There’s a nicely-conversational interview with DiabloWikiJay Wilson and DiabloWikiChristian Lichtner on the Wall Street Journal’s entertainment blog. It covers a lot of ground including Jay Wilson’s old school FPS mastery, the length of Diablo III’s development, sticking to the isometric view point, changing Diablo 3 to fit modern gaming sensibilities, horror inspirations, the DiabloWikiart controversy, character design, and more.

    A quote from the piece, and thanks to fmulder for the tip.

    Christian: A lot of the challenge was making sure we build on the legacy of Diablo II.

    Jay: Yeah, one of the lessons that we learned in development was people’s memories of Diablo II were way different than the reality of Diablo II. They remember all kinds of stuff that never actually happened in that game.

    Like what?

    Jay: Well when you ask them about game challenge, they remember what it was like in hell difficulty. They don’t remember what it was like in normal difficulty. They remember something that visually darker than it ever was. They remember a variety and depth of monsters that was never there.

    Christian: You are competing with people’s memories. And each person’s individual recollections, where they were ten years ago when they played it, that’s tough!

    Jay: It’s one of those things where if you love a game, then the things that are bad about it become endearing. Everybody remembers Deckard Cain saying, “Stay a while, listen.” But the reason they remember it fondly now is because it was so damn annoying! He said it every time, and you had to talk to him so often!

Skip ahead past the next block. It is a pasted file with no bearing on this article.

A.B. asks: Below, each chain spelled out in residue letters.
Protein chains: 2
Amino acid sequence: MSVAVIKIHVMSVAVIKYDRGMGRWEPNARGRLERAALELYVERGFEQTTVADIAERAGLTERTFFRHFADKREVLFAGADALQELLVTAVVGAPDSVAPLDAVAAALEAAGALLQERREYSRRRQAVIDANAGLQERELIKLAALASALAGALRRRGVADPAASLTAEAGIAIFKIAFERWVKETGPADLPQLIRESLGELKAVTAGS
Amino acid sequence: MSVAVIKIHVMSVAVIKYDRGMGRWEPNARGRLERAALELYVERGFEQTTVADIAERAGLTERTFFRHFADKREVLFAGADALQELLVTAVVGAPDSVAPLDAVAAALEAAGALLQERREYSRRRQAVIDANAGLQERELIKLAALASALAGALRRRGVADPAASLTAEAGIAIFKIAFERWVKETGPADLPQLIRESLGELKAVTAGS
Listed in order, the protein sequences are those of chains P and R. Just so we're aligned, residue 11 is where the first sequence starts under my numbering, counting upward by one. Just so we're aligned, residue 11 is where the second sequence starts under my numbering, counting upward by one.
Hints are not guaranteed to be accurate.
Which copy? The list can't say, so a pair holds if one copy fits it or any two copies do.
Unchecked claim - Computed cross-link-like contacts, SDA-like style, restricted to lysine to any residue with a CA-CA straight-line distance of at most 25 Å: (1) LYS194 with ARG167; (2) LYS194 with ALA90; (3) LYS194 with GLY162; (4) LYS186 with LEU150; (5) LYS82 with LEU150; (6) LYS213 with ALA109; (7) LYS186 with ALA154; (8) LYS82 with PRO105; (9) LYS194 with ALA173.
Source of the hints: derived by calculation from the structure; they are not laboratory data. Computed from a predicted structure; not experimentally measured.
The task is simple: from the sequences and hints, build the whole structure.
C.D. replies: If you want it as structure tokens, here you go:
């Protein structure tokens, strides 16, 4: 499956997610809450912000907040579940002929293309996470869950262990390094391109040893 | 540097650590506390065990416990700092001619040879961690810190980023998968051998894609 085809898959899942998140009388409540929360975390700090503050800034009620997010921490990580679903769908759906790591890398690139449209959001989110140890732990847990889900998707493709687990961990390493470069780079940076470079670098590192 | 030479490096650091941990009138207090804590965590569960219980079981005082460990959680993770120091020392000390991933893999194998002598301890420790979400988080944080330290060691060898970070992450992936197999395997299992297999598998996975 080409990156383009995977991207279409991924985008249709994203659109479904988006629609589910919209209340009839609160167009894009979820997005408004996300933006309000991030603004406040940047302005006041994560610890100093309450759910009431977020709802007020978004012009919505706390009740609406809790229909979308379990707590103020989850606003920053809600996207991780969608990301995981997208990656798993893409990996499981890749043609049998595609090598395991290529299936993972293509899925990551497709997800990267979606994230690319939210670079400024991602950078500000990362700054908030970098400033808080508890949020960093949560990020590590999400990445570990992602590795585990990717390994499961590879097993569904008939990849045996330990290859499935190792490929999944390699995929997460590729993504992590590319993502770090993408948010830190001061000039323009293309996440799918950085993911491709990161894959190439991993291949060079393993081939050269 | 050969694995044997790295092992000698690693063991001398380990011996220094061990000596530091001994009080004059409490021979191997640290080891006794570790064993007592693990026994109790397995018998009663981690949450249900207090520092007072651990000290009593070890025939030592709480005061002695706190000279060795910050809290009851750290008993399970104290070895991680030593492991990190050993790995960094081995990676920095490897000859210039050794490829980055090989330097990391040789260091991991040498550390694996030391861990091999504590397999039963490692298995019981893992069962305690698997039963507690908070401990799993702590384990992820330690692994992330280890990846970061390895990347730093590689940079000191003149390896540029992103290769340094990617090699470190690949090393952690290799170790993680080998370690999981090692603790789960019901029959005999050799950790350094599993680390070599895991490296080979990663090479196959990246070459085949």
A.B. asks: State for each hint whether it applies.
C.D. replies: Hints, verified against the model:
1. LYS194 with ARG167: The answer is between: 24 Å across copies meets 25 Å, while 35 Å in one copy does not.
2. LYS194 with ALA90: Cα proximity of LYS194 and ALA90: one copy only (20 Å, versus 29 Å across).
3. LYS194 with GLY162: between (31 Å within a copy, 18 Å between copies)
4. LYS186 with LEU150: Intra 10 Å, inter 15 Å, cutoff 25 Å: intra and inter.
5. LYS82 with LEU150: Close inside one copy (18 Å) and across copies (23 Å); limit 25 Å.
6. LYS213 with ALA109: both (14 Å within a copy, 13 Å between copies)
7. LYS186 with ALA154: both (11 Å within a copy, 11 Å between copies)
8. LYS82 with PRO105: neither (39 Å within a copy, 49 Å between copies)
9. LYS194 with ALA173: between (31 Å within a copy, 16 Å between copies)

Months ago on the Diablo Podcast we were chatting about how nice it would be to just have a conversation with Jay or one of the other devs once the game was out. How it would be much more enjoyable to just talk about things once they could be introspective and retrospective and look back on the development process as a whole, and get away from the “machine gun questions hunting new facts” style of interview. (I (fired that machine gun myself several times, but I much prefer interviews when I can just have a conversation, like the ones I’ve done with Max Schaefer.)

    Now that Diablo III is done, at least until the patching begins, we’re getting some interviews of that type, and they’re great reads. Jay’s conversation with AusGamers last week saw a lot of comments that it was the best Jay Wilson interview ever. I wish there was an audio or video link for this WSJ one, but even from the transcript you can get the conversational vibe, and it makes for a nice read. Informative and full of details, but without the probing “tell us something newnewnew!” vibe that makes most interviews during production feel like hurried interrogations.

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